Alice Neel was born in 1900, and sadly passed away in 1984. Neel was an American Painter widely celebrated for her expressionist paintings of her friends and family, as well as casual acquaintances, using strong colour and line. Expressionistic use of colour is where sometimes colour is not used in a realistic way, but instead utilised to express emotion. Neel was called “one of the greatest portrait artists of the 20th century” by Barry Walker, curator of modern and contemporary art at the Museum of Fine Arts, Houston, which organised a retrospective of her work in 2010. Looking more closely at Neel’s work I chose the example ‘David Bourdon and Gregory Battock’ I particularly liked the way the two men are seated and their contrasting personas, one open legged in his underwear seemingly unshaven and disheveled, juxtaposed with a far neater suit-adorned man wearing spectacles. They’re both looking just off camera slightly to who or what, we don’t know.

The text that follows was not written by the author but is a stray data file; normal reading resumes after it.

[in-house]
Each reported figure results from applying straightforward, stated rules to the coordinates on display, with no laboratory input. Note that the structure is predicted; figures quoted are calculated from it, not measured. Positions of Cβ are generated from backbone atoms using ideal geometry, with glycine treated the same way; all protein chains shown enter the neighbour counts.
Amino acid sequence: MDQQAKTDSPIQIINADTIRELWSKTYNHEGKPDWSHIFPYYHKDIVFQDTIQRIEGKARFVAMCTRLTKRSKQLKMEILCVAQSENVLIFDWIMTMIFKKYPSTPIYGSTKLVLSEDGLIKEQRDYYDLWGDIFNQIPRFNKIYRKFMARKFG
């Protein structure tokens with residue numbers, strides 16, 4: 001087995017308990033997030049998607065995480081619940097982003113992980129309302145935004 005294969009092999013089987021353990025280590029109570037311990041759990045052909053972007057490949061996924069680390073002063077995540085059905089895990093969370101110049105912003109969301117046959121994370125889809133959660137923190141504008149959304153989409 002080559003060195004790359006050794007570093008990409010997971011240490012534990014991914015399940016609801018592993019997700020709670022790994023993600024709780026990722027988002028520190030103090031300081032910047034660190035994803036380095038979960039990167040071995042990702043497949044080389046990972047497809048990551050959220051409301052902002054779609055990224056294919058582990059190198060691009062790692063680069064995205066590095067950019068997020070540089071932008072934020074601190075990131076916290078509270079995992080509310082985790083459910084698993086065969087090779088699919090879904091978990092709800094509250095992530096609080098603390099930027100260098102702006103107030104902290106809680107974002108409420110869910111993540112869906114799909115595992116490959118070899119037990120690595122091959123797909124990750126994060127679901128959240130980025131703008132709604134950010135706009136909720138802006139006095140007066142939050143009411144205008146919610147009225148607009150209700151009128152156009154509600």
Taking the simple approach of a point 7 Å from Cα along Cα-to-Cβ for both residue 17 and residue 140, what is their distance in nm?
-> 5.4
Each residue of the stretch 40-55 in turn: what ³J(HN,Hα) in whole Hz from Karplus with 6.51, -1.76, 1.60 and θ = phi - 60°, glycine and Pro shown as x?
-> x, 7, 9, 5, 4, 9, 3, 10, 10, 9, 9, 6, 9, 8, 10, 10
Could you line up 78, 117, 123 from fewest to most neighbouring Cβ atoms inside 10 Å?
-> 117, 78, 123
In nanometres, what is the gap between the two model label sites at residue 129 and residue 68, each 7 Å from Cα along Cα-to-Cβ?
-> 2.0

Alice Neel
David Bourdon and Gregory Battock
1970
oil on canvas
60 x 56 in.
at the Whitney

For my response to this work, I decided to paint my brother in-law Sam, and his brother in-law Daryl. I also wanted to challenge myself in using a larger sized format and decided to paint on A2 Watercolour paper. Below is the photograph I used to paint from. The image appealed to me because of the bright colours and style of both of the men’s shirts, and the way they are sitting, I like the poses. I also liked the positioning of both of them with Sam in the foreground quite open and engaging with the camera, and then Daryl very sort of nonchalant and relaxed in the background combined with the strong lines form the table, and the sofa, it makes for a very interesting image to paint, and reminds me of some of the endearing qualities I found in Neel’s painting above.